When I was a reporter at The Toronto Star in 1980, I covered what is still one of the biggest business scandals in Canadian history, the so-called Greymac Affair. The scandal was complicated but simply told three unsavory individuals gained influence or control of some of Canada’s most vaunted financial institutions, embarrassed one of the most respected real estate companies in North America, and managed to circumvent Toronto’s rent control laws by acquiring 10 percent of all the rental units in the city.

A mysterious Saudi Arabian investor supposedly bankrolled the whole shebang.

In a display of political might that frightened me, the Ontario government seized all the assets of the scandal’s perpetrators without any due process. What they had done wasn’t illegal, but rather a circumvention of laws and sleeping regulators. At a news conference, Ontario’s finance minister took me aside and fed me some damning information about the perpetrators I knew was a lie.

My sources were impeccable. I knew what really happened.

Canada hasn’t changed since I decamped to the U.S. more than three decades ago. Reading the language of Canada’s Deputy Prime Minister Chrystia Freeland disclosing her draconian plans to freeze the financial assets of Canadian truckers who continue to be an embarrassment to the administration of Justin Trudeau, I immediately recalled the Ontario government overreach when I reported about the Greymac affair.

Here’s a sampling of Freeland’s language as reported by Toronto Sun columnist Mark Bonokoski.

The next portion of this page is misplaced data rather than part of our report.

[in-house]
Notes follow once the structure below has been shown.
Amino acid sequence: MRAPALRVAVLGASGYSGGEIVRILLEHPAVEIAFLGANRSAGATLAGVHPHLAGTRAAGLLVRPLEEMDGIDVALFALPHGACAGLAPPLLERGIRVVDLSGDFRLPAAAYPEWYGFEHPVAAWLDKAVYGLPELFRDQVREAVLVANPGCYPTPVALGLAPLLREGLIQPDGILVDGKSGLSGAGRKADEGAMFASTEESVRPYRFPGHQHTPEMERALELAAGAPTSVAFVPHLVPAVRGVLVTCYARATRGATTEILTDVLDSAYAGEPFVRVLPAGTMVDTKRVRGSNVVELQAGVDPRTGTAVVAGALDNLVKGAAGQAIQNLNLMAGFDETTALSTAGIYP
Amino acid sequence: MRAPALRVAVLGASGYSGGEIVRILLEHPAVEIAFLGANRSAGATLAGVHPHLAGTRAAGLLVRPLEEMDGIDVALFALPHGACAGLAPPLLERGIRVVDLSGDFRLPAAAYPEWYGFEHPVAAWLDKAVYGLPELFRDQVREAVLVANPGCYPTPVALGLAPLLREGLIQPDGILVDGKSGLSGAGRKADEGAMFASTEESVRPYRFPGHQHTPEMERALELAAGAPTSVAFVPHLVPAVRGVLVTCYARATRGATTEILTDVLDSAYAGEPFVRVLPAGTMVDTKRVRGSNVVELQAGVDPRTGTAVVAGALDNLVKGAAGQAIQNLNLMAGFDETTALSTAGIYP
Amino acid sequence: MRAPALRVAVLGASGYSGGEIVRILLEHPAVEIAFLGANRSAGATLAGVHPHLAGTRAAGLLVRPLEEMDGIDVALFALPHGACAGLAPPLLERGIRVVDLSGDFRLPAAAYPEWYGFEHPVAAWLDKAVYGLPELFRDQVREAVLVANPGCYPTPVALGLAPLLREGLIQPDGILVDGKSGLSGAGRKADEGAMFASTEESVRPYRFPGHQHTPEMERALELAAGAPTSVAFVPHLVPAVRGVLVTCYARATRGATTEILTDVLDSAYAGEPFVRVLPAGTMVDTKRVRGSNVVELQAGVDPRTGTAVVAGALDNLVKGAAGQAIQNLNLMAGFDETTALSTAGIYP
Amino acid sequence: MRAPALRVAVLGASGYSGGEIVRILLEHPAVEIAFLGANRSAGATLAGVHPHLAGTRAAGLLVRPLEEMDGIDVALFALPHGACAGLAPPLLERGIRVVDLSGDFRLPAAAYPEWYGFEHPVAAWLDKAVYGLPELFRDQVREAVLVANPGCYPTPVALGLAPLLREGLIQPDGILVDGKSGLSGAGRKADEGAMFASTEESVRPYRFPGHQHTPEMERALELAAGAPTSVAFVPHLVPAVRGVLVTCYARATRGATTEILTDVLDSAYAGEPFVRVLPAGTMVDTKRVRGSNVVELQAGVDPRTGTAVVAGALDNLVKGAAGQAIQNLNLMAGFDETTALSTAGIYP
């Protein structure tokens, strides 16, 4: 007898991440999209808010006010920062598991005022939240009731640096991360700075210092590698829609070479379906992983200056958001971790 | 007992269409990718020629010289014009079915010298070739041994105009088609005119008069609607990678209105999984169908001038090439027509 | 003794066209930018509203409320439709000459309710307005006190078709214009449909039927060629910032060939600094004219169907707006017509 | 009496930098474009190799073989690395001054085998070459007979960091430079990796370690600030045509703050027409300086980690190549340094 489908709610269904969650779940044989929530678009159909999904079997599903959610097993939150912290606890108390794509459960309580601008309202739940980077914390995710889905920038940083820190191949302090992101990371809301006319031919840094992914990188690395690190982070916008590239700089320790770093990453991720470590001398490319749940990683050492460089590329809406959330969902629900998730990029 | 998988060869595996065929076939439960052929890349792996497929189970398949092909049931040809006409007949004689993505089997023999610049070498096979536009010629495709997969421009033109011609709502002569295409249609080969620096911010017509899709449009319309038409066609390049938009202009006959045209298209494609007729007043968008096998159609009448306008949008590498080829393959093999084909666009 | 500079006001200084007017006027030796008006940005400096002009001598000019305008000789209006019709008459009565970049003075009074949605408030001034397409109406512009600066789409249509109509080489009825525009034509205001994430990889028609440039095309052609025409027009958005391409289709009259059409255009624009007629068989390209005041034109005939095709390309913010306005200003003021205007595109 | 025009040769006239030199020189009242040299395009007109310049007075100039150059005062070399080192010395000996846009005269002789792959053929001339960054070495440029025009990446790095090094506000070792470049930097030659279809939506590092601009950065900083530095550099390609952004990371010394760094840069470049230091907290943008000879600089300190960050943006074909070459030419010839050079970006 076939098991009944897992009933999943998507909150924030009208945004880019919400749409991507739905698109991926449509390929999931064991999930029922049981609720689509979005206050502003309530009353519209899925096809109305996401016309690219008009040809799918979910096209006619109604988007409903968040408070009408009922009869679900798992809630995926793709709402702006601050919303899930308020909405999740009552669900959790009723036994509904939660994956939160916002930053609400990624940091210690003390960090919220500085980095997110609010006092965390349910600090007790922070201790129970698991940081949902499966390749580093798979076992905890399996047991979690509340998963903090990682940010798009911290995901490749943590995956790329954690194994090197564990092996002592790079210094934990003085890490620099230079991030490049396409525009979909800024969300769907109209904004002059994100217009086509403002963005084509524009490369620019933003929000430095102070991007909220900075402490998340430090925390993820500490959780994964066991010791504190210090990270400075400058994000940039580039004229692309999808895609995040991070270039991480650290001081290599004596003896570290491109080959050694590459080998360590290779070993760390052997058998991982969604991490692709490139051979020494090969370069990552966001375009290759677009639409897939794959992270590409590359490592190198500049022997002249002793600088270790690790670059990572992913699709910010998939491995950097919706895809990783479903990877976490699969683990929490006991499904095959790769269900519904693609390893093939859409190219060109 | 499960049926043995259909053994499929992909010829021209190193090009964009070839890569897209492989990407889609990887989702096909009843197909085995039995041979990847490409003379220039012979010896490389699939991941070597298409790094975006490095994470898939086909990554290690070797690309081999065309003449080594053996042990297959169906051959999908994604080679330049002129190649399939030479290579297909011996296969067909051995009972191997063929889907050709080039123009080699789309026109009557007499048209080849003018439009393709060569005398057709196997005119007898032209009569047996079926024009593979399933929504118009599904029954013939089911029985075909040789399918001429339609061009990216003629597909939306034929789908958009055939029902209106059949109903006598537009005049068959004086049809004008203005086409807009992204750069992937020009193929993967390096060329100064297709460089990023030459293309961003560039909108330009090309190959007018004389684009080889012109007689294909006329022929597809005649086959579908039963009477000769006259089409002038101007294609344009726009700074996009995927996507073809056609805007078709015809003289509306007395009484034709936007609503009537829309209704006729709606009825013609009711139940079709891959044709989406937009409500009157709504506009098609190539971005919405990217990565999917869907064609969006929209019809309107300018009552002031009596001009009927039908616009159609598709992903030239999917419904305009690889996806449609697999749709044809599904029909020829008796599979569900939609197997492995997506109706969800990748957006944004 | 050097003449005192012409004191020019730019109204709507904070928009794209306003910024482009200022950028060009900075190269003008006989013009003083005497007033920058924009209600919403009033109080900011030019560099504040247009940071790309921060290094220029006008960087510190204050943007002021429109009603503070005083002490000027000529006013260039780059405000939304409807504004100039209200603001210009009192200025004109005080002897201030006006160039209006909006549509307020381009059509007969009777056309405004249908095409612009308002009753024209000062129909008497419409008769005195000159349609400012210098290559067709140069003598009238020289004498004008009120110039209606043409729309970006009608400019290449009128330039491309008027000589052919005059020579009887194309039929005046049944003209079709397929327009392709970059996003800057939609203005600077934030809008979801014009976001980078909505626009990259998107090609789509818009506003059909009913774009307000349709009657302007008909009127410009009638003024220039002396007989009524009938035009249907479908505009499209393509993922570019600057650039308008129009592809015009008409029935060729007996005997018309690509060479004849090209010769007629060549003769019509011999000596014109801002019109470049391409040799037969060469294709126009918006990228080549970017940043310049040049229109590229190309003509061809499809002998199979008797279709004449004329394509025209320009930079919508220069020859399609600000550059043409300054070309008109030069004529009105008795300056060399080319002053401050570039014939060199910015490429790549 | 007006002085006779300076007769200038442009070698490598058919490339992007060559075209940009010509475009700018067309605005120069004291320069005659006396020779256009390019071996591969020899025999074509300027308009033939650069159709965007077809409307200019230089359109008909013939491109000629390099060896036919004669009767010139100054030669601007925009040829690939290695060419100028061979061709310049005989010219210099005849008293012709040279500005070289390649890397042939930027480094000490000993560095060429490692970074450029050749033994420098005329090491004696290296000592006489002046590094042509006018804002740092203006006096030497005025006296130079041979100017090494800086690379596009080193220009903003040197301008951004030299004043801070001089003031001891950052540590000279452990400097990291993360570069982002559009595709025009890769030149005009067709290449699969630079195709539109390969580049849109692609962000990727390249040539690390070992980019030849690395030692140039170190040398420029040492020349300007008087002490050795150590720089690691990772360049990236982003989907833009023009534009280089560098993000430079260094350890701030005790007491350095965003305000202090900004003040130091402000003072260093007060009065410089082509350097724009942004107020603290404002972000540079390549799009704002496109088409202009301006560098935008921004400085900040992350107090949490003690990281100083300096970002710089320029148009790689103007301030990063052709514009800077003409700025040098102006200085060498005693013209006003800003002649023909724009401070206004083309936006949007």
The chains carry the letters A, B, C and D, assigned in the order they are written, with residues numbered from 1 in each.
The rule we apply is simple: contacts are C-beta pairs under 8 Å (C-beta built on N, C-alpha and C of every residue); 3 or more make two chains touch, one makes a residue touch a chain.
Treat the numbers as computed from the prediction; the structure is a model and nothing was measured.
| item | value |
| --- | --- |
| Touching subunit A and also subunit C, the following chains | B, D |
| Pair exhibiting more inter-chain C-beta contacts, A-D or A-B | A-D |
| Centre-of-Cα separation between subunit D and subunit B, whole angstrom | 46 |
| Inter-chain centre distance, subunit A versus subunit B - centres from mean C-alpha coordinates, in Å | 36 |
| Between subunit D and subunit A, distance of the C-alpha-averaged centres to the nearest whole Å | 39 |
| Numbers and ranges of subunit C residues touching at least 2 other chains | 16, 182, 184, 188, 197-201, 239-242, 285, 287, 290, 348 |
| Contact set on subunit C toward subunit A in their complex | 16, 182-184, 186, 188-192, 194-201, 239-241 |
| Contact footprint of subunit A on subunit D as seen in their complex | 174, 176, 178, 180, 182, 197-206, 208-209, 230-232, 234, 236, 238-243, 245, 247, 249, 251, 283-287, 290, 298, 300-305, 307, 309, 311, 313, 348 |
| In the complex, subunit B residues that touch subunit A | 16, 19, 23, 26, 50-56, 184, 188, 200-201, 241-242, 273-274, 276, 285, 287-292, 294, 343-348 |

We are today serving notice: if your truck is being used in these protests, your corporate accounts will be frozen. The insurance on your vehicle will be suspended. Send your semi-trailers home.

“What we are facing today is a threat to our democratic institutions, to our economy, and to peace, order, and good government in Canada,” she said. “This is unacceptable.

“It cannot stand and it will not stand.”

It’s a wonder to me how even the 54 percent of Canadians who are unsympathetic to the truckers couldn’t be alarmed by Freeland’s tactics and the language she used to communicate them. Trudeau assured opposition leaders that the emergency measures would only be used to keep the U.S.-Canada border open and ensure the free flow of goods. Trudeau only has a mandate to arrest those who are disrupting commerce.

Where does the Trudeau government get the right to freeze bank accounts, cancel insurance, and deny mostly peaceful protesters their livelihoods? Moreover, in Canada regulation of auto insurance is a provincial responsibility. I can find no record that any province has agreed to Freeland’s order, so perhaps she’s planning on usurping provincial powers as well.

Chrystia Freeland

Freeland’s prose is the language of dictators, much like Trudeau’s, who said Canadian protesters had “unacceptable views.” Freeland’s actions become more alarming when considered with her family past.